Local News
1:29 pm
Wed September 25, 2013

5% Rate Increase Approved For Duke Energy NC

Electric bills for the average residential Duke Energy customer in North Carolina are going up by about $7.50 a month, under a rate increase approved by state regulators.  The company originally asked for a nearly 12 percent rate hike for residential customers, but settled for a boost of just over five percent that will be phased in over the next three years.

Duke Energy's justification for this rate increase is the same as it has been for the last two. 

Duke Energy spokeswoman Lisa Parrish says the company needs to recover billions of dollars it has invested in new power plants.

"We're retiring older, less-efficient coal plants that were built in the mid-1990s, and in their place we've built two new facilities that are more environmentally friendly and more efficient," says Parrish, referring to Duke's new Cliffside coal plant in Mooresboro and a natural gas plant in Eden. 

Also included in Duke's latest rate increase, is a 10.2 percent rate of return for the company's shareholders. North Carolina Attorney General Roy Cooper sued state regulators over allowing a similar rate of return in Duke's last rate hike and the court ordered a more thorough analysis of how such a return would hurt Duke's customers during an economic downturn.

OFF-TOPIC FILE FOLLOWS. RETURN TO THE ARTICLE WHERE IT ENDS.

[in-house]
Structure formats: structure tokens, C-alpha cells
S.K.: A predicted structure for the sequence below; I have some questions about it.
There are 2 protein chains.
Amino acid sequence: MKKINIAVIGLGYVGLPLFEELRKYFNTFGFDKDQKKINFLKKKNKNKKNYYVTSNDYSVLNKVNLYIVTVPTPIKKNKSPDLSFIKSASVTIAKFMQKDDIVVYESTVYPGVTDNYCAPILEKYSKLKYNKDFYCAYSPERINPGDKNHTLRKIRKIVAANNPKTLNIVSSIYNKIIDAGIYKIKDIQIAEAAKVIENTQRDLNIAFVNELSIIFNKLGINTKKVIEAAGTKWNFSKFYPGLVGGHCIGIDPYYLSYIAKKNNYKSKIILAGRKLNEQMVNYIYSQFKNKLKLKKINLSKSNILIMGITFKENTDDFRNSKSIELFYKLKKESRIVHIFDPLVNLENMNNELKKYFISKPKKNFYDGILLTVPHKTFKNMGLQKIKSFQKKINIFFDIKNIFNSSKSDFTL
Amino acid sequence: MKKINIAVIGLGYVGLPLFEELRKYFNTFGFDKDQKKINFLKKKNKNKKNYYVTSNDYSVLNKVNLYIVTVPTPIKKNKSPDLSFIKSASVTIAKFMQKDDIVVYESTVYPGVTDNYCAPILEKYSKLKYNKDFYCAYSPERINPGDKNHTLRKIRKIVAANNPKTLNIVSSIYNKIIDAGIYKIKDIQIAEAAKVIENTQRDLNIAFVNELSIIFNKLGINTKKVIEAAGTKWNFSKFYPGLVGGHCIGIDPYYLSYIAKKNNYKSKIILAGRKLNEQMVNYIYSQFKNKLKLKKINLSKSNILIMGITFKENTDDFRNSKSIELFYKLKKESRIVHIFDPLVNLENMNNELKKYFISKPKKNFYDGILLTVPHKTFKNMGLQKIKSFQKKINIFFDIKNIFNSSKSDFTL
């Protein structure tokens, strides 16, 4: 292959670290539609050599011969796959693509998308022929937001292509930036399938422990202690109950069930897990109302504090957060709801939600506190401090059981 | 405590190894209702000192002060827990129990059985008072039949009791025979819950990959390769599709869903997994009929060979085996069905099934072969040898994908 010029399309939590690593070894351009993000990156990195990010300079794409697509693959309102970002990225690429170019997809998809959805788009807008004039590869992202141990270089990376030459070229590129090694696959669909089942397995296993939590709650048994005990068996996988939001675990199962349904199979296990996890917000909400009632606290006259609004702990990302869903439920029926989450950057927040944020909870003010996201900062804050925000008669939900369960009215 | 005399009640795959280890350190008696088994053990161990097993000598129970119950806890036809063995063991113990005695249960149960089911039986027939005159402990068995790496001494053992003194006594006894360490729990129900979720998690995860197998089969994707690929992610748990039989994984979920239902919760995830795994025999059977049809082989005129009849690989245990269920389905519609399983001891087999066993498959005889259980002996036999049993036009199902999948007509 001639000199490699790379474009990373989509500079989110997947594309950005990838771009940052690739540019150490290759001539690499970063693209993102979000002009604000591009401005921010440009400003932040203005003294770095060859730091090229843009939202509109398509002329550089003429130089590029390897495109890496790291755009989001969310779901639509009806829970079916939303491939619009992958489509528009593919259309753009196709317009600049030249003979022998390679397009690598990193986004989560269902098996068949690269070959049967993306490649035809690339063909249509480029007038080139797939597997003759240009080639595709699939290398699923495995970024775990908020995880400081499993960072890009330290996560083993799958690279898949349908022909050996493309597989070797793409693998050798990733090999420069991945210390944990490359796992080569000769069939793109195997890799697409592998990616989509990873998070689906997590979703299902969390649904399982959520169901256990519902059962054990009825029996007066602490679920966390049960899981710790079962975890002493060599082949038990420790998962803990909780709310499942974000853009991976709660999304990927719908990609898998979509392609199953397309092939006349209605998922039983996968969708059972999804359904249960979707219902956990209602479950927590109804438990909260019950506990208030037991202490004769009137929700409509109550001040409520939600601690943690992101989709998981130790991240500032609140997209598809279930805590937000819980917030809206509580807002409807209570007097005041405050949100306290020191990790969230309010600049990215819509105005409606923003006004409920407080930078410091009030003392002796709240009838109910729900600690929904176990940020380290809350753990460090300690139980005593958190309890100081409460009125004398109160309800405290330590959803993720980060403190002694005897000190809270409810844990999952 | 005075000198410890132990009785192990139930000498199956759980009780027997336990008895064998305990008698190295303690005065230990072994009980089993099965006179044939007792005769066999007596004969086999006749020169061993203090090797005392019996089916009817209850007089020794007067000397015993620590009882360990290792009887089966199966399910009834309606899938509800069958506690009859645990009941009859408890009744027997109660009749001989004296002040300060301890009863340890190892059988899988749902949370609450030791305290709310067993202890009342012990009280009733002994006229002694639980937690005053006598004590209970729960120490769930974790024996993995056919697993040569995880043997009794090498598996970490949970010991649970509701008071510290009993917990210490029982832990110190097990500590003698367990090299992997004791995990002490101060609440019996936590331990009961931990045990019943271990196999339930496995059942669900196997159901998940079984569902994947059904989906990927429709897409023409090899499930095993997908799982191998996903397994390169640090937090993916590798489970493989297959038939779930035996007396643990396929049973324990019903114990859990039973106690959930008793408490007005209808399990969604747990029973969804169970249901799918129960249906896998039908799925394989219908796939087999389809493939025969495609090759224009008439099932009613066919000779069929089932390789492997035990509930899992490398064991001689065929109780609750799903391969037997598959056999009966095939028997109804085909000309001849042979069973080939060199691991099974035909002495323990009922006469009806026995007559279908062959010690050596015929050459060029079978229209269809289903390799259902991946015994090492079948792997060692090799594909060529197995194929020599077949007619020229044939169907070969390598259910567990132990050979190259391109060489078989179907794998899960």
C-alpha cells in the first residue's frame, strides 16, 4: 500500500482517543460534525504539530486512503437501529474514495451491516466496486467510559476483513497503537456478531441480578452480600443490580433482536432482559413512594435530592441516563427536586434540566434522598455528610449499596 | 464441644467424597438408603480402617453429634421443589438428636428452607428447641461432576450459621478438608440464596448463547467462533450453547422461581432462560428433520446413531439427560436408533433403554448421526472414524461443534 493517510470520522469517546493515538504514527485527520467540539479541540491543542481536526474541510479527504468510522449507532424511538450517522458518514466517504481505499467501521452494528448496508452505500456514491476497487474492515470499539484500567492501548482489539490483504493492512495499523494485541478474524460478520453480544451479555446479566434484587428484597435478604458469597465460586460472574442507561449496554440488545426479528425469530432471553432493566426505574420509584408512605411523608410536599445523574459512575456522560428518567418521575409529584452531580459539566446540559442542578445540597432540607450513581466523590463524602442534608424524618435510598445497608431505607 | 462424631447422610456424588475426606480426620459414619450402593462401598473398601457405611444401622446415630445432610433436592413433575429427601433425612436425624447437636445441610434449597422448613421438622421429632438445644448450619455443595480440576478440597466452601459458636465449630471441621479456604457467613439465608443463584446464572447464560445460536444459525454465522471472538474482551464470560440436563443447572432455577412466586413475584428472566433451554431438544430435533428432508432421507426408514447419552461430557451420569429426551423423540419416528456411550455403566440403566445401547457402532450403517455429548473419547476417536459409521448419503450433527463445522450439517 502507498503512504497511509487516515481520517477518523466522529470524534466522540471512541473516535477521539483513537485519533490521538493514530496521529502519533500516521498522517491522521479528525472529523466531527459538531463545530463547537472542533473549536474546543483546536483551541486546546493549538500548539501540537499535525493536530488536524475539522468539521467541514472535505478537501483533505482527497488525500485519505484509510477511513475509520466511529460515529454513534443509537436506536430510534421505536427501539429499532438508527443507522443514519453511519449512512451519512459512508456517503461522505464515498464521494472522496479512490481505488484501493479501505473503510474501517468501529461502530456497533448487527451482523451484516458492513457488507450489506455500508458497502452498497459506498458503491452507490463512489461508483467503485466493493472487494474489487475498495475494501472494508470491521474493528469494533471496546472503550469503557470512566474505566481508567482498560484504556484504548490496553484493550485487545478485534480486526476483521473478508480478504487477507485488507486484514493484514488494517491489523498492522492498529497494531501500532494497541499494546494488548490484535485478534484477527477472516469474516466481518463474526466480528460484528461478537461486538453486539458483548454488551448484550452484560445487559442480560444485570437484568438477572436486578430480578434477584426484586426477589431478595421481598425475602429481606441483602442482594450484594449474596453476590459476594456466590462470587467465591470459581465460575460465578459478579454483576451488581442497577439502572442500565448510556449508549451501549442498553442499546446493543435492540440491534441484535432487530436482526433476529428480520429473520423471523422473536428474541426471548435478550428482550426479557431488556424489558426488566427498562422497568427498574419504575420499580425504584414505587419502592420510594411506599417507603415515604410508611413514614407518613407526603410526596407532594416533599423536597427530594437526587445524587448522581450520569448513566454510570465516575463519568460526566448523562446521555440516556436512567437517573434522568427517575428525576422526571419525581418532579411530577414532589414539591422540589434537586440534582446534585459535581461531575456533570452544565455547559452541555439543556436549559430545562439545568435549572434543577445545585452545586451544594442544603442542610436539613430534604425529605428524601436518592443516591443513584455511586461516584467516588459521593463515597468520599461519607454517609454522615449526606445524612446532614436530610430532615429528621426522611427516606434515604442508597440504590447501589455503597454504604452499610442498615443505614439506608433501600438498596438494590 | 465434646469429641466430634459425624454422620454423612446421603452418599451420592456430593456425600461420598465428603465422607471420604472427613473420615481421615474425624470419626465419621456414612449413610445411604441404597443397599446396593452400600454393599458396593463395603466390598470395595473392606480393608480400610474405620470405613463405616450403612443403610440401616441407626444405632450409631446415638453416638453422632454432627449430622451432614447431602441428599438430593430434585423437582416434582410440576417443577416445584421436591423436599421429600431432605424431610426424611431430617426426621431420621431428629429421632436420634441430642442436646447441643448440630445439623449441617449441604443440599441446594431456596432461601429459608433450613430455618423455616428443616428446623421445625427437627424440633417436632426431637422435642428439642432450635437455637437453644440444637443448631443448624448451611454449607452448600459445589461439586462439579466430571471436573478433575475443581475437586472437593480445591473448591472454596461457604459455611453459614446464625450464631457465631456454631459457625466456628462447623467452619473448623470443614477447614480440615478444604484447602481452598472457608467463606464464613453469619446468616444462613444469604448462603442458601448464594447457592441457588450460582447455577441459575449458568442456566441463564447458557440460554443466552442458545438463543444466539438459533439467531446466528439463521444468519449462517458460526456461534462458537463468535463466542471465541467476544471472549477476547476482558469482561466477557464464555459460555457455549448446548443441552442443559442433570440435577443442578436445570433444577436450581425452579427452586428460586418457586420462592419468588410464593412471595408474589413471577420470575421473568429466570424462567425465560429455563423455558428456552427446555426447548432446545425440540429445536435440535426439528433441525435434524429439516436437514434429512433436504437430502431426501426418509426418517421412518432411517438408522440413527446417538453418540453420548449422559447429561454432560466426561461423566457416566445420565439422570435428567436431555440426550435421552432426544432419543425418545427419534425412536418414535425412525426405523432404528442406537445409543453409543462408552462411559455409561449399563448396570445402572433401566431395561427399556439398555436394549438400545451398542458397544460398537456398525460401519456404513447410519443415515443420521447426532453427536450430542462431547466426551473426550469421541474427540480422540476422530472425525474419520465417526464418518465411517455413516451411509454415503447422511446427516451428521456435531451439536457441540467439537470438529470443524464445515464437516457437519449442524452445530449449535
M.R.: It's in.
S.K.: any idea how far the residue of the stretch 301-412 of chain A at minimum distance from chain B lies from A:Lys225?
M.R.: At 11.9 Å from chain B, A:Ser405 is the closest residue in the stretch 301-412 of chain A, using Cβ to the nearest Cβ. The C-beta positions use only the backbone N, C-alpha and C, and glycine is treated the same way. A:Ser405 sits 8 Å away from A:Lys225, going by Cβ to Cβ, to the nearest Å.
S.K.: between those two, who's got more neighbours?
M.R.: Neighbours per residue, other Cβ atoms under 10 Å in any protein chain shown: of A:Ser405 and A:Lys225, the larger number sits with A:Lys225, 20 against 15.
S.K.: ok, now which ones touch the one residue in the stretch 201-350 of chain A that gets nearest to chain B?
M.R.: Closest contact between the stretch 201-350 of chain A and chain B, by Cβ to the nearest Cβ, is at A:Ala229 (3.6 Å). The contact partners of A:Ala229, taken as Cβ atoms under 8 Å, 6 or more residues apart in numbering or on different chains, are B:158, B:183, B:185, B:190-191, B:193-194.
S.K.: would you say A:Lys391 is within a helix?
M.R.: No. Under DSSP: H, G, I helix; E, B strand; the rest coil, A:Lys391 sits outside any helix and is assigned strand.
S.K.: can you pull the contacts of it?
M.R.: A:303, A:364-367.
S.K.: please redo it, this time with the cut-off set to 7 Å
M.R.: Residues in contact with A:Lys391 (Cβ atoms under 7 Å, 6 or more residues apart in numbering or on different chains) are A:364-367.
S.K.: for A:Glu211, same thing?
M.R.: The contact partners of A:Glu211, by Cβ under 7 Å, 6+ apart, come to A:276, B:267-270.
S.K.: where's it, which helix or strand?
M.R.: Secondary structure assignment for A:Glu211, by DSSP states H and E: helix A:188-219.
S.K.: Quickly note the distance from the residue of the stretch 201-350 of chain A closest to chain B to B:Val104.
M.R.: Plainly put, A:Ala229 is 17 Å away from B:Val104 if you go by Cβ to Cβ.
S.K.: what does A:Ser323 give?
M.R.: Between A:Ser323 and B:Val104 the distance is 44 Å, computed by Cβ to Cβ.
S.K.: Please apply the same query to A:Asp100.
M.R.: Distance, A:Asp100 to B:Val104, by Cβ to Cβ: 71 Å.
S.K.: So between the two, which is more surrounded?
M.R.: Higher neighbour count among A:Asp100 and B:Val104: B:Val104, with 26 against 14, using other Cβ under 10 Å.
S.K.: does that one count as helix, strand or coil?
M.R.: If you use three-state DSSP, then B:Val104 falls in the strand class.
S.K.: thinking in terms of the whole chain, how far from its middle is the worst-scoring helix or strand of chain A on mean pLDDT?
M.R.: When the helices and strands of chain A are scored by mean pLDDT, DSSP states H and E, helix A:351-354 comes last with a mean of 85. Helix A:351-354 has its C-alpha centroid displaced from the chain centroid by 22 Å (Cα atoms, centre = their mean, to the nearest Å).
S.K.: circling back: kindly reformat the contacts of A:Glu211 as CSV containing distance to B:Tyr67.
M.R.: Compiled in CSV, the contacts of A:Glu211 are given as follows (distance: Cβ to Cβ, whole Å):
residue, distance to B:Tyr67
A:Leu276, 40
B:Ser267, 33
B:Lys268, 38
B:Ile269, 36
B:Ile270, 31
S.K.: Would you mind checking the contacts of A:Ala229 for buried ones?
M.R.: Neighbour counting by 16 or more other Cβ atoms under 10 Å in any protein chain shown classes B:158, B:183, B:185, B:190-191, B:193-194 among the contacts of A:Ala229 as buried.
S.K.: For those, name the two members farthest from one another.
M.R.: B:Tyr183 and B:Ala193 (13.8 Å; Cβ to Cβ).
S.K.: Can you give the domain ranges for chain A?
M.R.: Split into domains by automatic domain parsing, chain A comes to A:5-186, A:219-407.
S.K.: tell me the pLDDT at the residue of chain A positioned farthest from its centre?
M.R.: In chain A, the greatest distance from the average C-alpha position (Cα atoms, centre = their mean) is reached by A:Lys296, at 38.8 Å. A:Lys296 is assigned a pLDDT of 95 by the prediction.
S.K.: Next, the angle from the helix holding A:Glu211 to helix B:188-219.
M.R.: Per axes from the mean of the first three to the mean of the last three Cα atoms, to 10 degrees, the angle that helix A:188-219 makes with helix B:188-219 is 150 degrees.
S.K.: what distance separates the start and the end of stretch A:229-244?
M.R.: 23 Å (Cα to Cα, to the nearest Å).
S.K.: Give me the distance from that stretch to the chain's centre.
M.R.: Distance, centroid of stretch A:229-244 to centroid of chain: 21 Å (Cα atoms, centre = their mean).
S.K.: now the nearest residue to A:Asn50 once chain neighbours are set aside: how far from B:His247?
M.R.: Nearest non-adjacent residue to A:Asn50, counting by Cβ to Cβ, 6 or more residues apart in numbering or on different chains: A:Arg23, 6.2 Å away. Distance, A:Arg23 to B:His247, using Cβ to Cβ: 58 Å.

In gaining approval for this latest rate hike, Duke Energy has promised not to seek another for at least two more years.

But Cooper says he will appeal Duke's newly-approved 5-percent rate increase, calling it unfair to utility customers:

The profit margin that Duke Energy is allowed to make is 10.2 percent. When you have double digit profit margin in this economy – that's just too much. There are a lot of working families and businesses that are on the edge, struggling to try to make it. They'd love a double-digit profit margin."

Cooper's previous challenge resulted in the court ordering a more thorough analysis of how such a return for the company's shareholders would hurt its customers  Duke Energy and the North Carolina Utilities Commission went it to a lot more detail about their analysis of that issue this time around, but Cooper says it's just "lip-service."